The Sunday Mail
AROUND 1975, many people left the country for military training to fight the Ian Smith settler regime. Among these recruits was Cde Christopher Mawomberere (CM). The former freedom fighter chronicles to our reporter Norman Muchemwa (NM) his journey to Mozambique where he joined others for military training with the aim of fighting for Zimbabwe’s independence.
NM: We are told that you were one of the armed war section commanders who led fighters against the Rhodesian regime or settler government. But before we get to the period of your direct confrontation with the British colonialists, can you briefly tell us about your early life?
CM: Christopher Mawomberere is my name. I was born at Mutambara Mission Hospital in Chimanimani District on March 5 1957. We were eight in our family – five girls and three boys – in which I’m the seventh.
For my primary education, I attended Matendeutse Primary School between 1965 and 1972, when I completed Grade 7. During those days, it was common for most children not to proceed with studies upon completion of primary education.
It was a result of failure by our parents to raise high school fees. It was expensive to proceed to high school and, in most cases, parents who had some form of wealth, such as cattle, would sell these and channel the proceeds towards school fees.
But in my case, my parents were poor, hence I only studied up to Grade 7. It was also normal for us, at that age, to get employed as farm labourers.
I worked on a number of farms surrounding our home area. The farms were being run by white farmers, the same people whom we were trying to take back our land from through an armed war. But my father was against my working on these farms. As one of his youngest sons, he preferred that I stayed at home to herd cattle, goats and help with other chores such as gardening.
During the 1970s, there was a lot of political activity in Chimanimani owing to its proximity to the Mozambican border where comrades were crossing to join the liberation struggle.
We had become accustomed to unfamiliar faces in our area, as such, we knew of their mission. For many people who crossed into Mozambique from our home area, it was rarely an issue of being recruited, they would just leave their homes to join the fighters.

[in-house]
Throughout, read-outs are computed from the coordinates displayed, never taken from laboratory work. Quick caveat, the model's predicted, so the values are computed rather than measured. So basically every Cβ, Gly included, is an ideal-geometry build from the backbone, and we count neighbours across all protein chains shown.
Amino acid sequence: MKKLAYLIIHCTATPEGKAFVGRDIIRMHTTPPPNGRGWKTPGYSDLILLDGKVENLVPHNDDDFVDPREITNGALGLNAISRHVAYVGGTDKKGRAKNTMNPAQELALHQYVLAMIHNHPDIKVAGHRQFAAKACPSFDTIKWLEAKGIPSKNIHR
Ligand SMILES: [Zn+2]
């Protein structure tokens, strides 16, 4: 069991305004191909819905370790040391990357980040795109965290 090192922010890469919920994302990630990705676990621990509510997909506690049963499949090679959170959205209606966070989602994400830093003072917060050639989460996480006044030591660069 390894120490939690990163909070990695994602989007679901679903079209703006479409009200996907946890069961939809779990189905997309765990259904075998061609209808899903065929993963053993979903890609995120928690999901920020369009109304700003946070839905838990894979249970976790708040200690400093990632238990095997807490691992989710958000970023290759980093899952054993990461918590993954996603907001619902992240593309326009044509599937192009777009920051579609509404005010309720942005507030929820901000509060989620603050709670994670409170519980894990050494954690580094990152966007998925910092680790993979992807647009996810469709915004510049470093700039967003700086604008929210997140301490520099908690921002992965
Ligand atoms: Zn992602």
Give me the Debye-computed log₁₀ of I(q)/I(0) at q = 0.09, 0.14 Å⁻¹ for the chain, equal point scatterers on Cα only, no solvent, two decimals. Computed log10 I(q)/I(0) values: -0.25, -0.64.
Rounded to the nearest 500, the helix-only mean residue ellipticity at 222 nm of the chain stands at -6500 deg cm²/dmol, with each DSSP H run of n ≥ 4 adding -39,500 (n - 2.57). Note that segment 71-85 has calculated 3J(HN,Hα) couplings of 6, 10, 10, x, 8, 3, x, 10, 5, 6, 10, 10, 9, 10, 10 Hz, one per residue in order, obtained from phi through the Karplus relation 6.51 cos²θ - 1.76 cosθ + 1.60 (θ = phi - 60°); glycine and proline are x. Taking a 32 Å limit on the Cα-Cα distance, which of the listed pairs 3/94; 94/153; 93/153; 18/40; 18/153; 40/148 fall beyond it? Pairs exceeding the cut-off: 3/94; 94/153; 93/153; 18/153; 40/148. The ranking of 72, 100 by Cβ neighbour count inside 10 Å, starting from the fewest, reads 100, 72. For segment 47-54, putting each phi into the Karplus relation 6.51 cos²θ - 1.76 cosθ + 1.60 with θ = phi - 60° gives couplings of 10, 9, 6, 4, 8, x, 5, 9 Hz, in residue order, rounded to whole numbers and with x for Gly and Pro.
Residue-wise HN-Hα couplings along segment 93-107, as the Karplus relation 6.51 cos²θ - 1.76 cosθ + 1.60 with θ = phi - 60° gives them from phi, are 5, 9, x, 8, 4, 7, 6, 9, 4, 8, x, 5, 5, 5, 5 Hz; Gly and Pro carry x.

I also happened to be one of those who, with some friends, decided to follow the path most people were taking in a bid to confront the settler regime.
As such, in November 1975 I ran away from home after an incident with a white livestock inspector and crossed into Mozambique for military training. There, I changed my name to Cde Extra Samusha.
NM: You were aged 18, a fairly young age to decide to join a war whose consequences involved death, what drove you into making such a decision?
CM: There was a day I went to the dip tank for a routine cattle dipping. During the dipping, one of the livestock inspectors, who was white, arrived to monitor the process. While my cattle were being counted, he started mocking the hardy Mashona breed and the poor health of the beasts before insinuating that I looked like an ox.
This joke did not go down well with me; I was infuriated, but managed to control myself because I knew that I would get into trouble if I had taken physical or verbal action to express my displeasure. After that, I gathered my cattle in preparation to go home. As I did this, a bull fight erupted and the same inspector ordered me to stop the fight, but I could not do anything.
He then threw a stone at me saying: “You have failed to stop your relatives from fighting.”